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West Life: Once you learn the bicycle road rules, the road rules

March 13, 2013

WestLife March 13, 2013

Close to home

By Sue Botos

If someone were to ask me if I ride a bike, I'd say yes, but I would have to qualify that answer.

If it's a beautiful summer day and the road is free of heavy traffic or the bike path empty of rollerbladers, toddler on training wheels and Tour de France wannabes, absolutley. I'll happily cruise along, with the wind in my hair (safely secured under a bike helmet, of course), slightly resembling Miss Gulch (aka the Wicked Witch) from the "Wizard of Oz" (minus the little dog).

So, my "yes" answer would make the hard-core cyclist, that spandex-clad person who probably rides more in one day than I do in one year, break into peals of laughter behind their mirrored sunglasses.

But I am, within reason, always willing to learn.

When I saw that Century Cycles was offering a series of bike clinics, one titled "Bike Commuting 101" caught my eye. Although a trip from Rocky River to my office in Avon Lake would take me most of a day, and I would probably end up as a hood ornament or permanently soldered to the bike seat, I thought I'd check it out.

I'm always amazed at the plethora of bikes in the store, ranging from funky beach cruisers to sophisticated racers, as well as bike accessories, including really cool helmets, and clothes, but I'm not really sure what "compression wear" is and not really sure I want to know.

Century Cycle's Krista McNamee opened the commuting presentation. "The biggest part is making the decision," she said, but she empasized that riding to work was not something you had to do every day. She added that it was necessary, however, to do some careful planning, "You have to decide what you need at work how easy it will be to transfer from one life to the next," she said.

She suggested a gradual transition and the encouragement of a riding buddy, if possible. "Sometimes, your bike route will be different than your car route," she said, adding that most buses now have bike racks, so a route can be split between the two.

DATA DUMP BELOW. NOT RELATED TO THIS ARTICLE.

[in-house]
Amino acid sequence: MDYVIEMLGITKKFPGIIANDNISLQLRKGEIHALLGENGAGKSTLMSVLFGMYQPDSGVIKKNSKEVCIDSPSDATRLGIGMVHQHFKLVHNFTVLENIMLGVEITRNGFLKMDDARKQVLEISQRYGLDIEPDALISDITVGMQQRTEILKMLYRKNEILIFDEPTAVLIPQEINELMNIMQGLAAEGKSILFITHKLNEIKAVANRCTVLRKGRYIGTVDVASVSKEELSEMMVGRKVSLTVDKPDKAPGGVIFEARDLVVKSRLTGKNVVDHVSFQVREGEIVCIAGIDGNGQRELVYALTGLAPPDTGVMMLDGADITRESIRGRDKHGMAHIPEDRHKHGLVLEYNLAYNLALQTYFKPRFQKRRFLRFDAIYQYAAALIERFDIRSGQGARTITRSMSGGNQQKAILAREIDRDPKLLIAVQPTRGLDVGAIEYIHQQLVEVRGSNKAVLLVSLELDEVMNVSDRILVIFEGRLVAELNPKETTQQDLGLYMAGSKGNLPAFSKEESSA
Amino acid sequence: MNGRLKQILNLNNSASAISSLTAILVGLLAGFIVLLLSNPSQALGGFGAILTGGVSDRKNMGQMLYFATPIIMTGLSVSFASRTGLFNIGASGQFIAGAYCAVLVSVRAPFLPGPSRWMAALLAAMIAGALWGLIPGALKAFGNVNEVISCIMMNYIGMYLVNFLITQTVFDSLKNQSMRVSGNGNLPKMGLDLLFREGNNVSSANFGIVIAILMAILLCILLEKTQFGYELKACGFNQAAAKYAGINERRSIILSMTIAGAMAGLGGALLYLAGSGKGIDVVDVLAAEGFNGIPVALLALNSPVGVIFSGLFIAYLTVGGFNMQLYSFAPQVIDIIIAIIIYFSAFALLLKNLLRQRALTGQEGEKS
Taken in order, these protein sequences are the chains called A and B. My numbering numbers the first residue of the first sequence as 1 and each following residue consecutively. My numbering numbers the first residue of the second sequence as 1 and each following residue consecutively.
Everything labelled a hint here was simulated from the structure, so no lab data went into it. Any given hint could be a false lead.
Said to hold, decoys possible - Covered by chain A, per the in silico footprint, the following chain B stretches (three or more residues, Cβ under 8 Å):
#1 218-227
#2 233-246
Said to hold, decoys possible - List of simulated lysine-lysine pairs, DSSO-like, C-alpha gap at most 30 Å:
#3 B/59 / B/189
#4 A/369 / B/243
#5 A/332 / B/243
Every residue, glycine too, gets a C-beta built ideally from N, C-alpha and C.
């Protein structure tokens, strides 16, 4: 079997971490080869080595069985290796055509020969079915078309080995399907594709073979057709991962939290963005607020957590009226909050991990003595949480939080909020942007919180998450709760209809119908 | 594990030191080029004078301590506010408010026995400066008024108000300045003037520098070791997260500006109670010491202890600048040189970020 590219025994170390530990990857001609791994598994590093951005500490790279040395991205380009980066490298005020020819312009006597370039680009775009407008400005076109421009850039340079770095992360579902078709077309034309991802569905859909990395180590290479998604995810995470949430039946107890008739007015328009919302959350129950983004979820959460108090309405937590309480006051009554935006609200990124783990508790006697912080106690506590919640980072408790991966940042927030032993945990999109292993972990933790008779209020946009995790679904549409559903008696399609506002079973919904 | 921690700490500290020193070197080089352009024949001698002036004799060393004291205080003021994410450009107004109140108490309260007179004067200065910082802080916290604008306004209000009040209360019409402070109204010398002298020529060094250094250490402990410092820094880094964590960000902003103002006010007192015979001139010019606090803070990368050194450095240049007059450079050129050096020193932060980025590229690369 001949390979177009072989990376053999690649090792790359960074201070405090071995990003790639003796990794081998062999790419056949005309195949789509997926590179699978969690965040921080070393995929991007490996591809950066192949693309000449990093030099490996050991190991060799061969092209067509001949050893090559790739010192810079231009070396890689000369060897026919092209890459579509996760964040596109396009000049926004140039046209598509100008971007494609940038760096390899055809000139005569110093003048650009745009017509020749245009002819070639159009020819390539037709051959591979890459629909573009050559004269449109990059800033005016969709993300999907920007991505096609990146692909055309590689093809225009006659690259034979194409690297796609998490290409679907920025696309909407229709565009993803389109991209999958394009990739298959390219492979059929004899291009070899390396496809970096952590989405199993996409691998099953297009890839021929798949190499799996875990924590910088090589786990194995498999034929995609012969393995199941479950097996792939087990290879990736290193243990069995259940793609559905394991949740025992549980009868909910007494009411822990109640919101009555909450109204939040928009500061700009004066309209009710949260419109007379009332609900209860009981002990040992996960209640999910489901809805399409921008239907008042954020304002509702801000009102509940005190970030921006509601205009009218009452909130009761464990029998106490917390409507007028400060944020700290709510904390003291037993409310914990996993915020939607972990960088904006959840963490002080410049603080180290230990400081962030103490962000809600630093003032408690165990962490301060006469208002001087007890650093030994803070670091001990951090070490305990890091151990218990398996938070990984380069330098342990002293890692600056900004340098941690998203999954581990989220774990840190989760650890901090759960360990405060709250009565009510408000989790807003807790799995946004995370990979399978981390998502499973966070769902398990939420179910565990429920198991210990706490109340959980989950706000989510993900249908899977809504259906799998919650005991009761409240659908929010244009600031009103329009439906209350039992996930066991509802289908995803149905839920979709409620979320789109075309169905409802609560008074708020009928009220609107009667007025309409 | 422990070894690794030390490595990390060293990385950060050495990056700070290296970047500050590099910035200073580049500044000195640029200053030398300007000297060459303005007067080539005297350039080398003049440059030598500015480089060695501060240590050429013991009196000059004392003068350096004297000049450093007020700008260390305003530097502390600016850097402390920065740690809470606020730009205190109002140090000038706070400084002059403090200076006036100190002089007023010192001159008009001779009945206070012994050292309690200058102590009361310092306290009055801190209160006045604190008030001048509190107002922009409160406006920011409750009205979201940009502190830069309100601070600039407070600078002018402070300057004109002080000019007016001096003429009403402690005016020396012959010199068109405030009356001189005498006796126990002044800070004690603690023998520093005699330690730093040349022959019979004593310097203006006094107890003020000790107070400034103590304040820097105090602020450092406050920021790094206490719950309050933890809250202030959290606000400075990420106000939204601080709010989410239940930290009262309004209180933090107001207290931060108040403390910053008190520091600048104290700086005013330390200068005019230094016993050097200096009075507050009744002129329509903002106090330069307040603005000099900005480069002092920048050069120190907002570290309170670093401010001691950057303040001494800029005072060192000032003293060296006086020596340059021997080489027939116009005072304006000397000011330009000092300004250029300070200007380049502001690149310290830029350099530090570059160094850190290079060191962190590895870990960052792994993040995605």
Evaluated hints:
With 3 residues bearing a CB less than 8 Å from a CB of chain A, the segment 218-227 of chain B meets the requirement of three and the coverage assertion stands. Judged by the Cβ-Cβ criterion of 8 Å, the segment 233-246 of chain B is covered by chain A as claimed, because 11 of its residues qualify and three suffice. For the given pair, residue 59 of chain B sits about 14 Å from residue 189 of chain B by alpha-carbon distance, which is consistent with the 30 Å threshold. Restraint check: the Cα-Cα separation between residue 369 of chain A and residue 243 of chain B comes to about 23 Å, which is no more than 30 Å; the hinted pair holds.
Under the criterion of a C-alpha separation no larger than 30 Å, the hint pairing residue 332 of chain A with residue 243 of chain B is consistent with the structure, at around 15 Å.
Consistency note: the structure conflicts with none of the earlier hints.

"It's an indirect way to get exercise. Being on the bike, you just get away from everything," said mechanic Brad Sweet, who said he commutes to work from his Lakewood home. He went on to describe the best type of commuting bikes, which included touring and coverted mountain bikes, with extra tough wheels, having 36 or 32 spokes. "The more spokes you have, the more shock absorption," Sweet said. Thinking spokes are spokes, I was pleased to hear that. I'm all in favor of shock absorption.

Sweet went on to describe the gear you should carry on your bike, including flat-repair kits. "Sewer grates can cause 'pinch flats' -- I speak from experience here," he added. Also discussed were lights, high-visibility clothing and strong bike locks. Some of the more seasoned riders in the group brought up toe clips and platform pedals. I tried toe clips once. Let's just say I really became one with the bike.

Considering the often heated debate between cyclists and drivers concerning road rules, I couldn't help but ask Sweet if he'd had some bad experiences. "I prefer to forgive and forget," he reflected. He did say that most traffic that apply to cars apply to bikes, including one that says if the lane is narrow, the cyclist should stay in the middle to avoid a close shave from passing cars. I vowed to keep that in mind next time I'm driving through the Metroparks thinking bad things about the hiney of the bike rider ahead of me.

Will I give cycle commuting a whirl? Maybe. But the Century Cycles folks didn't answer my most burning question: Where do I put the coffee cup holder?